Here is a nice little piece on Alfred Munnings (1878-1959), who until recently had been written off as a mere painter of horses, but was actually nearly as great as John Singer Sargent.
"In 1899, the year his first painting was accepted in a Royal Academy exhibition, the 20-year old artist was blinded in the right eye by a thorny branch while rescuing a puppy. Yet the skillful perspective of his work shows no trace of his monocular vision, nor visible anywhere is the crippling effect of gout in his hands, which tormented him, especially later in life.
In 1912 he married Florence Carter-Wood who, in one of the most bizarre acts of a newlywed, attempted suicide on their honeymoon. (She succeeded two years later, swallowing cyanide.) The exhibition includes two equestrian portraits of Florence. In the first, "The Morning Ride: Florence Munnings on Horseback" (1913), she's on a sprightly gray horse, her red hacking jacket enlivening the edge of the dappled woods through which she rides. In the second, "Portrait of an Equestrienne: Florence Munnings on the Grey Mare" (1914), painted just months before her death, she's dressed in black, the atmosphere is darker, and horse and rider are set against a leaden sky...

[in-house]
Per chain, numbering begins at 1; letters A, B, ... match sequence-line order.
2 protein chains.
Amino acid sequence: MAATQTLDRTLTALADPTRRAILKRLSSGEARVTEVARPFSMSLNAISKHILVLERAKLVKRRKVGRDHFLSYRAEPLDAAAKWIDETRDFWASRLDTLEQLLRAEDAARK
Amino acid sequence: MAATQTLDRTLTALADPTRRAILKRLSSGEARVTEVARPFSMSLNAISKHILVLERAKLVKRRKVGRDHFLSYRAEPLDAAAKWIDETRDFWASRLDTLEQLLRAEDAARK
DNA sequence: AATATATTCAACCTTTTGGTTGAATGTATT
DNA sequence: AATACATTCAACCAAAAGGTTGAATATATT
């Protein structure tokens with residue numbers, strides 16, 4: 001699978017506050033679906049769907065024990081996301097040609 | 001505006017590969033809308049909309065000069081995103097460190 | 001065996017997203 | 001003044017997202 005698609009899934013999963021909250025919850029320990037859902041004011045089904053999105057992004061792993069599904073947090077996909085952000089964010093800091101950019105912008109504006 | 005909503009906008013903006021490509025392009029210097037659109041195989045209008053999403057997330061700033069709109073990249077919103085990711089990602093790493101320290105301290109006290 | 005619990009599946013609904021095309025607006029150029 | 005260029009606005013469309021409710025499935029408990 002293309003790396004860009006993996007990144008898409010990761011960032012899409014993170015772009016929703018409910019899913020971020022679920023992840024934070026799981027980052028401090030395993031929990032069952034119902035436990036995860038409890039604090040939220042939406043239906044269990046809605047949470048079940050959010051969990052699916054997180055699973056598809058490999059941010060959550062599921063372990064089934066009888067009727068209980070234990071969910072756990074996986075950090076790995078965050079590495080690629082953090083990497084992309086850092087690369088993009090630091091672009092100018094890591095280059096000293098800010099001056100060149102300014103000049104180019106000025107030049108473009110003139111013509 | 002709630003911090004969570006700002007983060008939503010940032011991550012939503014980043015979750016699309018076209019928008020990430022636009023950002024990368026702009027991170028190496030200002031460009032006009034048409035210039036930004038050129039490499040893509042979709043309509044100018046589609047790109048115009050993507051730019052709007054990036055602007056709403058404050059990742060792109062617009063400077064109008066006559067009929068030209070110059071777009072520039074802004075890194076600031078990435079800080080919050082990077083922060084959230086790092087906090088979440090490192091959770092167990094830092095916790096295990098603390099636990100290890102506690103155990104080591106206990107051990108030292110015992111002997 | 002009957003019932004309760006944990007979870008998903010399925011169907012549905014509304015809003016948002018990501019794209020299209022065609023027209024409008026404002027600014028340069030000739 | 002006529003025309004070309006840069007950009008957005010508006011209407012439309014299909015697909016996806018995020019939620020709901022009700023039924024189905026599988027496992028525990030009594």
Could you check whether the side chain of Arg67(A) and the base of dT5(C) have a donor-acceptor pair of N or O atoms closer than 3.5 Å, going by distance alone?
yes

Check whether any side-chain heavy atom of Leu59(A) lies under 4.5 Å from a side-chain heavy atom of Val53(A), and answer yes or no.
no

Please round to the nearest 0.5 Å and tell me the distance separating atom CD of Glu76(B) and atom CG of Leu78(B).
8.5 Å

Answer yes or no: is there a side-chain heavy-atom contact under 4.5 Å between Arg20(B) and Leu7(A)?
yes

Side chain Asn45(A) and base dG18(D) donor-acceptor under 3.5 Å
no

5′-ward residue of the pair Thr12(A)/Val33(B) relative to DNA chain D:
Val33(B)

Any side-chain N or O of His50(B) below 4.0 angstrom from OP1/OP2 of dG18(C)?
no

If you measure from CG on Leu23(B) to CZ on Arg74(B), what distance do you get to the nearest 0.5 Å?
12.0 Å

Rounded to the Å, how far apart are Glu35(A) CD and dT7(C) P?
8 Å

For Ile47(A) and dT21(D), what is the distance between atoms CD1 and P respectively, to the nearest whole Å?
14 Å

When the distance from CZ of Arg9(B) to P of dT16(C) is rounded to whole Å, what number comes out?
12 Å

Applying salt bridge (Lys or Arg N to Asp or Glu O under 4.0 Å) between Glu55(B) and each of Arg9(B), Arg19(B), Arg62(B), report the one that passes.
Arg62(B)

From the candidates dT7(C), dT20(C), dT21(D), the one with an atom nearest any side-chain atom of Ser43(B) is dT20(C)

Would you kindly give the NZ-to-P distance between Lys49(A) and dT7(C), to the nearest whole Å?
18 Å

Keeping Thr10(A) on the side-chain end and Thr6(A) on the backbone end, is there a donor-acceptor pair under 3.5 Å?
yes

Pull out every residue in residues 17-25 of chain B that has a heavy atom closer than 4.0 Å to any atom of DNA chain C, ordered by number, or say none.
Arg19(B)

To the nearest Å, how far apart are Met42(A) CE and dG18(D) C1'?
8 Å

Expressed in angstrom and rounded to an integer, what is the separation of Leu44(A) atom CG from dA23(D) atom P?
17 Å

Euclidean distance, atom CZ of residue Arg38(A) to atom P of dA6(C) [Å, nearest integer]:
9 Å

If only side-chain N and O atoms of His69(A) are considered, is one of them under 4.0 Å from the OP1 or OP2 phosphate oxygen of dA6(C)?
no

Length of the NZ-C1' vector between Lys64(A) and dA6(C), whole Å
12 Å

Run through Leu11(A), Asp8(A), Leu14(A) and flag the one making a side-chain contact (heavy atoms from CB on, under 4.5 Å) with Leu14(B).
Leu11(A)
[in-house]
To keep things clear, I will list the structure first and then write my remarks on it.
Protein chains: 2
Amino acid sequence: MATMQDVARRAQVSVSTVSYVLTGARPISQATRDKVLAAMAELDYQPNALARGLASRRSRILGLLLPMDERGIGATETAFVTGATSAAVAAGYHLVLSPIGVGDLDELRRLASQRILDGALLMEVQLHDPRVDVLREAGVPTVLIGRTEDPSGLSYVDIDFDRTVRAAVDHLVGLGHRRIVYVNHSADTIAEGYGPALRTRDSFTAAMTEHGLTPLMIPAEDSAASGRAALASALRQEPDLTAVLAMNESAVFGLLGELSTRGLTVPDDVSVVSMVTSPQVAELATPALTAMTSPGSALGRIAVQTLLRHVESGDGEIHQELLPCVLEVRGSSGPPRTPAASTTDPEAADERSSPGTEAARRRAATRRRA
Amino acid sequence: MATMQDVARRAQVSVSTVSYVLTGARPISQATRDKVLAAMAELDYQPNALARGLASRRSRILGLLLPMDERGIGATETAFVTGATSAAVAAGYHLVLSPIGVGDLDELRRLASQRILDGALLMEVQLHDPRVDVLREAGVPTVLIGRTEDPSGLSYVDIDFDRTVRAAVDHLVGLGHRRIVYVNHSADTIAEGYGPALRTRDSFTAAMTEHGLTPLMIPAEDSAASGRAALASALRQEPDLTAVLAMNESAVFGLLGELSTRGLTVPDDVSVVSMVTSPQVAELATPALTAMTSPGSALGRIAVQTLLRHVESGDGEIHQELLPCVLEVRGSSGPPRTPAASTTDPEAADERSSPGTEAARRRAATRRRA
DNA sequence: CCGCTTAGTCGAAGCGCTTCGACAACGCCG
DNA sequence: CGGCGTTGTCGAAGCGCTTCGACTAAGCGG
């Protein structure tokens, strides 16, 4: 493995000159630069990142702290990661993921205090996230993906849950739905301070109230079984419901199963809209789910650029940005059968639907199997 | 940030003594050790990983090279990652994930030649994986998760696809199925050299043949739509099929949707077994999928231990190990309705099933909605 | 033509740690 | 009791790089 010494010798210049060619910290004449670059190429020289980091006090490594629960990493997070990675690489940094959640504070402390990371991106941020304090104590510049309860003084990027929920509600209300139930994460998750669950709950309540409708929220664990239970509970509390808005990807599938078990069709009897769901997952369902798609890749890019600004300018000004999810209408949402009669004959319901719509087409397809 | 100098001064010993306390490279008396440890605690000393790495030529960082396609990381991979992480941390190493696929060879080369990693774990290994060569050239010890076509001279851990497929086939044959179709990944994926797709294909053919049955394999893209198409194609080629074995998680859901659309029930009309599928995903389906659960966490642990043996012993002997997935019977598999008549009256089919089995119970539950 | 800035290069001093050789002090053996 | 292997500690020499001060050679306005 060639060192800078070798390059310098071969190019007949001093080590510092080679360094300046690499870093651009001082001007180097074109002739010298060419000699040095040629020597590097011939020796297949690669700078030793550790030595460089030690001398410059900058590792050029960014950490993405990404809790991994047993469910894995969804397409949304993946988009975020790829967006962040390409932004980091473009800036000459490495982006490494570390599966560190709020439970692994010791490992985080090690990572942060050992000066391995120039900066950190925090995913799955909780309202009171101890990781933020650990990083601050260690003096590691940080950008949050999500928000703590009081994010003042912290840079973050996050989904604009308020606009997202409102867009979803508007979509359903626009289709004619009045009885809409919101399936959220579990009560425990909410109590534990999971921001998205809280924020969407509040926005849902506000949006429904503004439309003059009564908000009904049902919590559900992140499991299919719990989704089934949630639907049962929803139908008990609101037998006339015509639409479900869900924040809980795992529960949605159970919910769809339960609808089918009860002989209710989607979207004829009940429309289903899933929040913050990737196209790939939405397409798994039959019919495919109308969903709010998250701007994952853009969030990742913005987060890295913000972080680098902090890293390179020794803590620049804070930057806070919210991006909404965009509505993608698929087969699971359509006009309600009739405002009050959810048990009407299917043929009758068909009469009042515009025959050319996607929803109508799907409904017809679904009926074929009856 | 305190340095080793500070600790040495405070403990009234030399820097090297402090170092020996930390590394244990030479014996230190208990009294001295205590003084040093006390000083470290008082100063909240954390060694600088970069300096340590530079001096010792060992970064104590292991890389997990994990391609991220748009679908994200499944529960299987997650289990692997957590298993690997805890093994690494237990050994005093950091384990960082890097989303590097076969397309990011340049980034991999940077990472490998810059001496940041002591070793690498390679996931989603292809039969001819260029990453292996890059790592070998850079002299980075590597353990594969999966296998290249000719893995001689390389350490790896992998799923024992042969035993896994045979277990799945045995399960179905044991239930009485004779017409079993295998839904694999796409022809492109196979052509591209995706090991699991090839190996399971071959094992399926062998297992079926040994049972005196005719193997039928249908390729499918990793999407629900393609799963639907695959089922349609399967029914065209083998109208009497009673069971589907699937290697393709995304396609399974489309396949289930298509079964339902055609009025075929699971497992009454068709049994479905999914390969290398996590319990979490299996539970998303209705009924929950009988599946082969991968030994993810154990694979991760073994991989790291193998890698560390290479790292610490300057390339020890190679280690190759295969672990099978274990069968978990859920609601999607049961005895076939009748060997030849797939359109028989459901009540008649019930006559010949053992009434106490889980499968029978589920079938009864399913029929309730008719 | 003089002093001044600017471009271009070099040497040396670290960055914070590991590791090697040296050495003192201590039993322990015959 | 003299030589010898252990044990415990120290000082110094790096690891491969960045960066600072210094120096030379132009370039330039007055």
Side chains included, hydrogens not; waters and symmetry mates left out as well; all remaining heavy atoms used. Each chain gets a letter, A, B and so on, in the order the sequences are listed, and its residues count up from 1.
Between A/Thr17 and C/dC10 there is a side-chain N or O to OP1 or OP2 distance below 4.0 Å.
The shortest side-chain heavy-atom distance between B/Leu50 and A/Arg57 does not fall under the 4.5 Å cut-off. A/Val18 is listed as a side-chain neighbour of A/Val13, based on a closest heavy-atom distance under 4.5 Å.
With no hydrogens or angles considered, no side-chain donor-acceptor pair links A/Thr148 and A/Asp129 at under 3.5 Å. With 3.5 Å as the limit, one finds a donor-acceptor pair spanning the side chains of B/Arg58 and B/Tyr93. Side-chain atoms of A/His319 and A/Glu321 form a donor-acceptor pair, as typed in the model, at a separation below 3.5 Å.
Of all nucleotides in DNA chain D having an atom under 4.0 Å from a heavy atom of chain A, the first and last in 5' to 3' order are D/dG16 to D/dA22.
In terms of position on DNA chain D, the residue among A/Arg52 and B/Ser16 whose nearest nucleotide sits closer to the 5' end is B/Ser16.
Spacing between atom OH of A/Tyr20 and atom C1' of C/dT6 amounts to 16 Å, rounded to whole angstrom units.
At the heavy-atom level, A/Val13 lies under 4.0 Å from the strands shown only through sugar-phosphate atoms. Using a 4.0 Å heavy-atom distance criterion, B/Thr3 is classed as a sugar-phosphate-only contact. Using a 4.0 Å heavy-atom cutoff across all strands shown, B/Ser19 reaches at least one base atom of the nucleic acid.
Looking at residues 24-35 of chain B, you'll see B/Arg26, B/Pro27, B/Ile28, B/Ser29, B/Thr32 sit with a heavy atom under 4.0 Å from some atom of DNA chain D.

...At the outbreak of World War I, he repeatedly volunteered for service, but was rejected because of his blind eye. Eventually, he was posted to a Canadian Cavalry Brigade as a war artist in France. There, close to the German front in 1918, he painted in a single day an equestrian portrait of the unit's commander, Maj. Gen. Jack Seely, astride his charger, Warrior. It is one of the highlights of the exhibition. Dashed down in just browns and greys, it conveys not only the grim determination of horse and rider but also the cold bleakness of the shell-mutilated landscape of the Western front."
Alfred Munnings reading aloud outside on the grass, circa 1911, by Harold Knight